Navigating Gender Transitions and the Importance of Forgiveness with Alex Nitsche
Alex Nitsche tells the story of experiencing gender dysphoria, and later transitioning in high school. Then, social worker Bonnie Wheeler discusses acceptance, forgiveness, and the grief that family members often feel with gender transitions.
The Science of Grief, produced by WDET and Science Gallery Detroit, explores the stories, science and solutions around grief and mental health, making space for young adults to share their stories, but also lead the conversation.
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Alex Nitsche used to feel uncomfortable with his voice. The sound of it just didn’t feel right, he says.
“I would have this sense of getting a mixture of angry and sad. Why do I sound like this? This isn’t how I want to sound. This doesn’t feel right, this doesn’t fit who I am.”
But there was more to Alex’s discomfort than how his voice sounded.
In middle school, Alex started to experience gender dysphoria.
Gender dysphoria is the discomfort or distress caused by a mismatch between someone’s assigned sex at birth and their gender identity.
Alex began to feel like he wanted to experiment with new gender identities. He first transitioned to being gender-neutral, then he transitioned to male.
When he started transitioning, Alex told people he was a male, but often with a disclaimer that it could be a phase.
That disclaimer, Nitsche says, was partly fueled by fears of what people would say if he ever changed his mind.
“It took time. It was something you had to be patient about.” — Alex Nitsche
There is a stigma attached to experimenting with new gender identities, Alex says. But time went on, and he did not change his mind.
In high school, after extensive research, patience, and discussion with his therapist about the risks and rewards, Alex decided to start taking hormone blockers, and later testosterone.
“It took time. It was something you had to be patient about,” he says.
“I had to sit down and [my therapist and I] had to make sure, like, ‘Are you really trans? Are you really a guy?’ I’m putting that way more simple than it is like, I’m not trying to make the therapist sound insensitive,” he explains. “They just want to make sure because this is something that is very, very, like life-altering, very life-altering. Because … there have been people who have detransitioned because they didn’t like where it was.”
Alex’s family also needed time to adjust to his new gender identity, especially his father.
“For a very long time, he was grieving in his own sense, because he felt like he had lost someone, you know, because I was changing, you know, and it felt like, who I was, was going to be gone forever, and that person was dead, you know. And that really took a toll on him. And for a while, and it was like, I could see that he was sad about it.”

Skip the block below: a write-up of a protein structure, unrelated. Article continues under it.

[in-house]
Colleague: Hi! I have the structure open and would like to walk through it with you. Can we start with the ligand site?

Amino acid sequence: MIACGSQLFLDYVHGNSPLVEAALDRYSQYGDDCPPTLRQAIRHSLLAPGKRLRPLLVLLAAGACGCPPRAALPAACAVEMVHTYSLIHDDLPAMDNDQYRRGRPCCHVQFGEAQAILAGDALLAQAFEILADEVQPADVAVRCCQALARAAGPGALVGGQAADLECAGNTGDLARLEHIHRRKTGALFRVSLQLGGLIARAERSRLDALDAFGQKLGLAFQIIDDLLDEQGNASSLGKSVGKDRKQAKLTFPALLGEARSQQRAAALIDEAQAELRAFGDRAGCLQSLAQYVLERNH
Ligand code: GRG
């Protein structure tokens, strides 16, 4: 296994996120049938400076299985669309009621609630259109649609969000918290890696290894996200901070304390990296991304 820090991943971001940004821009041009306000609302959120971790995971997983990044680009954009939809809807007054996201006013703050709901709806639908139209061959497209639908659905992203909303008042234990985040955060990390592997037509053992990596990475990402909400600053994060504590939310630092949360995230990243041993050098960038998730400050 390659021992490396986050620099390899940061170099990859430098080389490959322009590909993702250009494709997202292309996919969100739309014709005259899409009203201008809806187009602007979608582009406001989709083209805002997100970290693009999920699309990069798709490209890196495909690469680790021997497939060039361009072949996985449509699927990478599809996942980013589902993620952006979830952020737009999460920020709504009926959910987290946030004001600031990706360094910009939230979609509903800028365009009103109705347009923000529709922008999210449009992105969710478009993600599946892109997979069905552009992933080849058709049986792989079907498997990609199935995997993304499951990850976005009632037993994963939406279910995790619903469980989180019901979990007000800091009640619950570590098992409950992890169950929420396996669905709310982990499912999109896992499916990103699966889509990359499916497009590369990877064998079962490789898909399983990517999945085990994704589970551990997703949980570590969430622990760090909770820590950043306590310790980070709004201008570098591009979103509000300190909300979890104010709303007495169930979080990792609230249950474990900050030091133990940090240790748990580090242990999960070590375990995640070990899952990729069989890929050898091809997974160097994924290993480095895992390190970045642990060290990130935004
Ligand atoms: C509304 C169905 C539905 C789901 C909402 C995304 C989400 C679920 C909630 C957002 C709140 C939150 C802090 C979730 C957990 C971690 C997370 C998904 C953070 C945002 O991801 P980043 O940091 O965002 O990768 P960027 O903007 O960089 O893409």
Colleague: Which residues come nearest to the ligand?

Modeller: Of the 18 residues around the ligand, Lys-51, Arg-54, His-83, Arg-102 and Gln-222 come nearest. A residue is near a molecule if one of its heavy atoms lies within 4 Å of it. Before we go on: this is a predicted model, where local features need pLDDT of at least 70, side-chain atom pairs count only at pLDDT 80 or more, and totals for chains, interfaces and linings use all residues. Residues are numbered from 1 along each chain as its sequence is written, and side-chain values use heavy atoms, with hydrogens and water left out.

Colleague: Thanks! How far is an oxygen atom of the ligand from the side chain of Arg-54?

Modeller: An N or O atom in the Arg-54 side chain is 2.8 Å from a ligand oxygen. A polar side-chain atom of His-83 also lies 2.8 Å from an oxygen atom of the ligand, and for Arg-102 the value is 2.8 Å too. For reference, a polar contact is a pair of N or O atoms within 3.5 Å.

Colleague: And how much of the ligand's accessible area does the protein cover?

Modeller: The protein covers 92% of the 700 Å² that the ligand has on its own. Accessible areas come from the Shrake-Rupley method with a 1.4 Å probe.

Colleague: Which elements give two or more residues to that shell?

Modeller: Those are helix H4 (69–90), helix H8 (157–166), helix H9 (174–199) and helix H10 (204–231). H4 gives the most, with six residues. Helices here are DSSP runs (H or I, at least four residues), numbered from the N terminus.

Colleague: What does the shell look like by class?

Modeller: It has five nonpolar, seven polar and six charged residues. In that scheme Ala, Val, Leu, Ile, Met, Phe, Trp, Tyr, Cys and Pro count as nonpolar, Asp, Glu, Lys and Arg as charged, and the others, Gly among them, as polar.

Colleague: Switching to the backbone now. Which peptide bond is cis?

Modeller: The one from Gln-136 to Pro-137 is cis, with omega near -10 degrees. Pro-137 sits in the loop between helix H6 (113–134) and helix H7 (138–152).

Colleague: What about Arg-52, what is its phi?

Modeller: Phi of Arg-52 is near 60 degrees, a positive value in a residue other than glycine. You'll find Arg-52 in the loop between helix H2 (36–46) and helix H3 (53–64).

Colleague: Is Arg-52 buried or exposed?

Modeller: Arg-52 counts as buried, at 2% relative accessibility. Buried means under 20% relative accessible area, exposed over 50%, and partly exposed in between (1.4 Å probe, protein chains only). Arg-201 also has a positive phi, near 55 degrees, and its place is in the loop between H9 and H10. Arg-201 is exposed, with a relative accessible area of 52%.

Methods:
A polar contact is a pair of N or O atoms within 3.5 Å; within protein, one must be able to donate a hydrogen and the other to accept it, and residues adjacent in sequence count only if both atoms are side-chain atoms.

“But you know, it’s gotten to a point where it’s like, I think he realized that he wasn’t actually losing someone, I’m still the same person, I’m still his child. And, you know, I am just now his son, instead of what I was before.”
In this episode:
- Alex Nitsche on learning to appreciate his voice
- Acting as a peacemaker with parents as a child
- Experiencing gender dysphoria and transitioning
- The stigma around experimenting with gender identity
- Social worker Bonnie Wheeler on forgiveness, acceptance, and grief associated with transitioning
- Going through grief, acceptance and forgiveness with his parents
- An original poem from Natasha T Miller
- Alex Nitsche’s song, “Work In Progress”
WDET first heard Alex Nitsche’s story when it appeared as part of Generator Z.
Previous Episodes of Science of Grief
- On Ghosting and Being Ghosted with Camille Rogers
- Challenging the Stigma Around Suicide with Felicia Frabis
- Learning to Cook and Savoring Life’s Moments with Jackie Garrett
- Living a Full Life with Half a Heart with Sierra Maybury
- Acknowledging Grief and Embracing Therapy with Joshua Watkis
- Setting Healthy Boundaries with Maria LoCicero
- Exploring Unexpected Loss with Aaron Burch
While this podcast is meant to make space for sharing stories and solutions, it is not a substitute for professional help. If you have a mental health concern and need someone to talk to, please contact a mental health professional or your doctor.
If you are in a suicidal crisis or emotional distress, please call the National Suicide Prevention Lifeline: 800-273-8255.
The Science of Grief podcast is a collaboration between WDET and Science Gallery Detroit, and is supported by the Children’s Foundation of Michigan, MSUFCU and Science Sandbox.
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